Faculty Shortage Hurt Nursing Programs

Would you take a job that paid you 50% less than your current one? Nurses around the U.S. are facing this question daily when it comes to choosing between working as a registered nurse or working as a nurse intructor. More often than not, RNs are choosing to stay in the field instead of teaching new nurses, which is making the nationwide nurse shortage an even bigger problem. Fewer teachers in the classroom means more nursing programs have to turn away prospective nursing students.

An article in the Marshall News Messenger quoted associate dean for undergraduate nursing programs at the University of Texas at Tyler, “UT Tyler’s four-year bachelor’s degree program has about 610 students…The school gets about 300-375 applicants and admits about 130 to 140 students.”

The article also included director of the college’s associate degree nursing program, Dayna Davidson, and her thoughts: “About 200 people usually apply for Kilgore College’s 60 positions.”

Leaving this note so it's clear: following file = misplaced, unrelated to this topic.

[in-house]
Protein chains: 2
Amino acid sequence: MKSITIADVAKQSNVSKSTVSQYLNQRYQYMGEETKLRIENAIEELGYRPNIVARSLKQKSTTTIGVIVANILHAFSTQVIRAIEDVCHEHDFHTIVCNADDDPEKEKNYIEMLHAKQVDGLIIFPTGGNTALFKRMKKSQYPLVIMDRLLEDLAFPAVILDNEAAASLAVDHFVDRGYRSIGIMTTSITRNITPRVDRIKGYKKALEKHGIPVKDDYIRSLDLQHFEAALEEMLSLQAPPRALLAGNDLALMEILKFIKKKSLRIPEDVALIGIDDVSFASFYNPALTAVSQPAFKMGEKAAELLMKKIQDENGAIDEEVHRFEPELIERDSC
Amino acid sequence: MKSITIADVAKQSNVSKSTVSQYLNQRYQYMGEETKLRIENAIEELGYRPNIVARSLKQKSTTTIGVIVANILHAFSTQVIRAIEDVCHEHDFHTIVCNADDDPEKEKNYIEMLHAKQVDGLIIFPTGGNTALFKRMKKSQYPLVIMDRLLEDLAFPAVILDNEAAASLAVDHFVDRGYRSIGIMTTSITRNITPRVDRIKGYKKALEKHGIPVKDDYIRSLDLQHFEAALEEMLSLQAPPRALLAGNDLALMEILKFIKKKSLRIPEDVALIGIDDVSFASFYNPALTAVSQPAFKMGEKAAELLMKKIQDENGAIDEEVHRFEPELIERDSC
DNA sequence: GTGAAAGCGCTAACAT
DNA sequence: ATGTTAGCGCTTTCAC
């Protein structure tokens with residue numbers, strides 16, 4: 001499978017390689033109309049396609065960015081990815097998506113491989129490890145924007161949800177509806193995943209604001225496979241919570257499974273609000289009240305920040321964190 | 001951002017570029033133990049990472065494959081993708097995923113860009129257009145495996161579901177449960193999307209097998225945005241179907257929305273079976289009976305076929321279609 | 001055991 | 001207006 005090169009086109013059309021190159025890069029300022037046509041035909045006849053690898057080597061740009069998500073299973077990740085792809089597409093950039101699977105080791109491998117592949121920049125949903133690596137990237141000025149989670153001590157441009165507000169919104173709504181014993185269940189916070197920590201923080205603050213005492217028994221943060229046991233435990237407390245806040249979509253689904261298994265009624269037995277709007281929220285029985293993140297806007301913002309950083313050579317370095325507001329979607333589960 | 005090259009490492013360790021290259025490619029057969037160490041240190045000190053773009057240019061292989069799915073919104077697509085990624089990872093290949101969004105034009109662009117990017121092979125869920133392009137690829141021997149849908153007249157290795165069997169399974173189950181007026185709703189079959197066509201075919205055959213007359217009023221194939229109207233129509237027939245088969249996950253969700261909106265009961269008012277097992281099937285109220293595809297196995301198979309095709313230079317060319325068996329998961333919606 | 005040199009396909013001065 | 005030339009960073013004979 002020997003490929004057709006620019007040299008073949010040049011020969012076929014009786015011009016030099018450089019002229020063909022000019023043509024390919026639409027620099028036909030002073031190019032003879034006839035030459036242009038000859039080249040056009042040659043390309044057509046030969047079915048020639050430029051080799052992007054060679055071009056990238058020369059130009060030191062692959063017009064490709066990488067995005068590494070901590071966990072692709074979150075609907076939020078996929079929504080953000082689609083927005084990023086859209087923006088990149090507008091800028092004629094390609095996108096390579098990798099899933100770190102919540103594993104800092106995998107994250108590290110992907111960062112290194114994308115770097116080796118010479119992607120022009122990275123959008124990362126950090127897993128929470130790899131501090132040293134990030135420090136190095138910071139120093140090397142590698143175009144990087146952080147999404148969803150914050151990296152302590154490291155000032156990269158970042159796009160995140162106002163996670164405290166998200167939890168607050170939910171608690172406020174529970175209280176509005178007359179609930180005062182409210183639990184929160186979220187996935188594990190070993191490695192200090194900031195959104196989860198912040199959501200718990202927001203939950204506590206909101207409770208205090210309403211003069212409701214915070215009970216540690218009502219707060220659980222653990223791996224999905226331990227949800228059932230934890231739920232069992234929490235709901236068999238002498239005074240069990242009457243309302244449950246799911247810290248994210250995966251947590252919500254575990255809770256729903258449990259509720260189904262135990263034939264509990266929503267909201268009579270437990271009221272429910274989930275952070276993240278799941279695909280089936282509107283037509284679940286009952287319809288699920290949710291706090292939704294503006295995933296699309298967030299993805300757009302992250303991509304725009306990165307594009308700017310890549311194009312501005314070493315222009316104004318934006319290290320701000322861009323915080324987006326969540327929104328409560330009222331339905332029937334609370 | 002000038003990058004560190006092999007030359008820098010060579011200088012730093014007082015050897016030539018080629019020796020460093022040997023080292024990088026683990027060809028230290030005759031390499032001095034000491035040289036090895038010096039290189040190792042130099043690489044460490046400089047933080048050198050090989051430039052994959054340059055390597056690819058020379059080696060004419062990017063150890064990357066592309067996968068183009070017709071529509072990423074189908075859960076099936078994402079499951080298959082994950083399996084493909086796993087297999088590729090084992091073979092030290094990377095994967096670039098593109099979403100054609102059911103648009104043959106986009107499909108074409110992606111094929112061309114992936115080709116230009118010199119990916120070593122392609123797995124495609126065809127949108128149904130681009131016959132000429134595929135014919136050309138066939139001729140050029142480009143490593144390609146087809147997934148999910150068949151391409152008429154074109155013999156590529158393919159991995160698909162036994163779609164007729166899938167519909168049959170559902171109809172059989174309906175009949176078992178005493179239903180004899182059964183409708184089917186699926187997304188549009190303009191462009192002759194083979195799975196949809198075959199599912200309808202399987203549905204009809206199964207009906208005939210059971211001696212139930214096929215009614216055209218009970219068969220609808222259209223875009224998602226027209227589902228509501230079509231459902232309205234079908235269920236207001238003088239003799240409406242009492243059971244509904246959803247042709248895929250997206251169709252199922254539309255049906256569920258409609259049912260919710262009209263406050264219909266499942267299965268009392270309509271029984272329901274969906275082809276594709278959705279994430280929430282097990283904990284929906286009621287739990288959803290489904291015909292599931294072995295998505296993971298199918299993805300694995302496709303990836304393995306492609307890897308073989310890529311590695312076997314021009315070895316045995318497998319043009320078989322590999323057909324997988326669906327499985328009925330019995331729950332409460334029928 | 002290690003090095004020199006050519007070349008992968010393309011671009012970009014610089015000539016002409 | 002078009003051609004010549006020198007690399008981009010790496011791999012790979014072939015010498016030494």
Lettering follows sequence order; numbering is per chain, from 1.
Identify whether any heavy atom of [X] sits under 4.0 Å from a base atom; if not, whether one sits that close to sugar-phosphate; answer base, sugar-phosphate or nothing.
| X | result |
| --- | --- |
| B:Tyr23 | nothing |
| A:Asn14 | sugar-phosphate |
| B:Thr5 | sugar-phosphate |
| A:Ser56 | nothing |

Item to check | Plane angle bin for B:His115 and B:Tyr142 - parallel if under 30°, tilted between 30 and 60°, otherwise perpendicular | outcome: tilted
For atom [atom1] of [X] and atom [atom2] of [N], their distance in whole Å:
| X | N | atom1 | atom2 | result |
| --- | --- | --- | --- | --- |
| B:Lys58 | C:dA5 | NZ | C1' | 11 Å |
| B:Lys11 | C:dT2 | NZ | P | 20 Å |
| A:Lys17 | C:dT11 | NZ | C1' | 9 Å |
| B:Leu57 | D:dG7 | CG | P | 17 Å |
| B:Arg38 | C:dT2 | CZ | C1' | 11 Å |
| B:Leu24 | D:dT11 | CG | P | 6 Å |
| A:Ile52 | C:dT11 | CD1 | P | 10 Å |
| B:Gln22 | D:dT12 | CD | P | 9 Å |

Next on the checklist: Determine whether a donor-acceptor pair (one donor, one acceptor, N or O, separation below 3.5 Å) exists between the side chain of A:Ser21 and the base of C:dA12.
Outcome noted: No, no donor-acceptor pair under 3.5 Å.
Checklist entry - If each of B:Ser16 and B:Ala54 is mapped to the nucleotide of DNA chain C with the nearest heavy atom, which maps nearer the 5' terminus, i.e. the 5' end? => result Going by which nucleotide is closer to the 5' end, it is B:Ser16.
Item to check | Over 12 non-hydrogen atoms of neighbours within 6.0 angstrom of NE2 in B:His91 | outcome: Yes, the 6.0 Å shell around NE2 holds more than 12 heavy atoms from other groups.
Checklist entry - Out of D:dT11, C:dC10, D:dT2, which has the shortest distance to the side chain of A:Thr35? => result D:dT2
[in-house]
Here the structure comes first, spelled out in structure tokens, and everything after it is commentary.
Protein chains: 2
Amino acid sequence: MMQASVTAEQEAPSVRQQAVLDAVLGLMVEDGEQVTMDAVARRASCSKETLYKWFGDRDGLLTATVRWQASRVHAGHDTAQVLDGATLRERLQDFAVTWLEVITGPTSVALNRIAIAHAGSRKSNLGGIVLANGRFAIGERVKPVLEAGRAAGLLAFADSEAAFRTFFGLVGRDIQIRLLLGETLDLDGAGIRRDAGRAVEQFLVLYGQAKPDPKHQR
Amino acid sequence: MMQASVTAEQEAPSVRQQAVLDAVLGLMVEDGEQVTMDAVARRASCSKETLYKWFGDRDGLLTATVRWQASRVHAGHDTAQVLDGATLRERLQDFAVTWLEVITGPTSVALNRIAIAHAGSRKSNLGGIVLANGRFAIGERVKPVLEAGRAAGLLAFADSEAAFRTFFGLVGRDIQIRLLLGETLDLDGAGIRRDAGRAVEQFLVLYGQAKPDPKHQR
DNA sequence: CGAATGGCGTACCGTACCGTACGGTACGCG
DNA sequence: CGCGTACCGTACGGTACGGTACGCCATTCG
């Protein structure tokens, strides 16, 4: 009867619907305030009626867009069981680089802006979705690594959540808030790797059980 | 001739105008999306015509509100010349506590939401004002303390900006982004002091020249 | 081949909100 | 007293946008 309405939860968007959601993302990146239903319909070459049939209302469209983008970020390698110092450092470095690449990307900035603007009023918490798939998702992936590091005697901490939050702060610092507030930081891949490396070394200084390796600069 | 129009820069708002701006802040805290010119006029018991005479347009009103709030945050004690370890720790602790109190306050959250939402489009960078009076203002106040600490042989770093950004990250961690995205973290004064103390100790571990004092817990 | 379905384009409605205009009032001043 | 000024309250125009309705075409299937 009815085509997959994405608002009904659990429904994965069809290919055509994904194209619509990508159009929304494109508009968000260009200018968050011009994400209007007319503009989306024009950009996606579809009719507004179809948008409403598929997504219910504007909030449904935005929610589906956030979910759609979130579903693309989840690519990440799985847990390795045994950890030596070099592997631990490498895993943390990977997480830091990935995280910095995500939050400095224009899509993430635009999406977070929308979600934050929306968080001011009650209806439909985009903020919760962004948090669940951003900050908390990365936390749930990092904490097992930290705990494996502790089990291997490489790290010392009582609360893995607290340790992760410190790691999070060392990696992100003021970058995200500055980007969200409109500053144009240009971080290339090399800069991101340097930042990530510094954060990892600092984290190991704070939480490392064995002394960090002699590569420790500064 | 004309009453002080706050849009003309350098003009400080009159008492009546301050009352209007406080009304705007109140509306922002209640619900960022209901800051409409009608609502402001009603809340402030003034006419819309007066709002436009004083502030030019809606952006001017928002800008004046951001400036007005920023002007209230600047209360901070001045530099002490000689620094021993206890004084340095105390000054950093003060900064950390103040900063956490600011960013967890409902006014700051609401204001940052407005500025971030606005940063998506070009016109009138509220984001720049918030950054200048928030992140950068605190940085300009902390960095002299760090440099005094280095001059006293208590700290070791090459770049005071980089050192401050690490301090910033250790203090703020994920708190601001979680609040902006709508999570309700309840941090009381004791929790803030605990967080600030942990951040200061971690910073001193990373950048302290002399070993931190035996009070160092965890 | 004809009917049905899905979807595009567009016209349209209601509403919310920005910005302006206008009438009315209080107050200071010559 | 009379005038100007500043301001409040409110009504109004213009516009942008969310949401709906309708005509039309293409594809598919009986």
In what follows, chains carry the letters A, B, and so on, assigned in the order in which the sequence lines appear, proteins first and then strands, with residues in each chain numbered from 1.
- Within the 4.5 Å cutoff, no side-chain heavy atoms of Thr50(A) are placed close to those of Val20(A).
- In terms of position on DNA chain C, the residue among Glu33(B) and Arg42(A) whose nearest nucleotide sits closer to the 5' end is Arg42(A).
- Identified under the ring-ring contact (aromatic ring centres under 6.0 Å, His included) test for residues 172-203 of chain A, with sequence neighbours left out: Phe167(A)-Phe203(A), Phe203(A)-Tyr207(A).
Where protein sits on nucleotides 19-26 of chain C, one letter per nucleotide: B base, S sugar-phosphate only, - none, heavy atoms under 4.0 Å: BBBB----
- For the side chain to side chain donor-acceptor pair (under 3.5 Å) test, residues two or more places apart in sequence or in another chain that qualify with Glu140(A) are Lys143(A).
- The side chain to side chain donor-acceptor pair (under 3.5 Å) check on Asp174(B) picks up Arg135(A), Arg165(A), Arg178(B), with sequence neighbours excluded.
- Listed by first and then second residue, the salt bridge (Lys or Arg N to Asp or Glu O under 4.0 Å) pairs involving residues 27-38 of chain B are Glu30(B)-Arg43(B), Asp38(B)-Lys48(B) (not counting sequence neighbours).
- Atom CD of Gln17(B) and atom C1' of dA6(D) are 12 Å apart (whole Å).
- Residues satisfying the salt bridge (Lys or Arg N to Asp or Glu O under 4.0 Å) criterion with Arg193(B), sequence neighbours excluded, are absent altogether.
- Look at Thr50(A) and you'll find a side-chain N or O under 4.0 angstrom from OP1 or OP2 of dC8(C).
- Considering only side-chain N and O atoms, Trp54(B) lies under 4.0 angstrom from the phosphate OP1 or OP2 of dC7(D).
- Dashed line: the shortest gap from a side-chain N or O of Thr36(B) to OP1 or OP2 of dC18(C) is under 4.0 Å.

Still not everyone is hurting. Some private universitities, such as East Texas Baptist University, have empty seats in their nursing programs. Leslie Borcherding, interim dean of the nursing department in teh Frank S. Groner Endowed Memorial School of Professional Studies, thinks the school’s higher tuition combined with the poor economy are jeeping the nursing program’s enrollment down.

Click here to read the entire article: Faculty shortages hurt college nursing programs.

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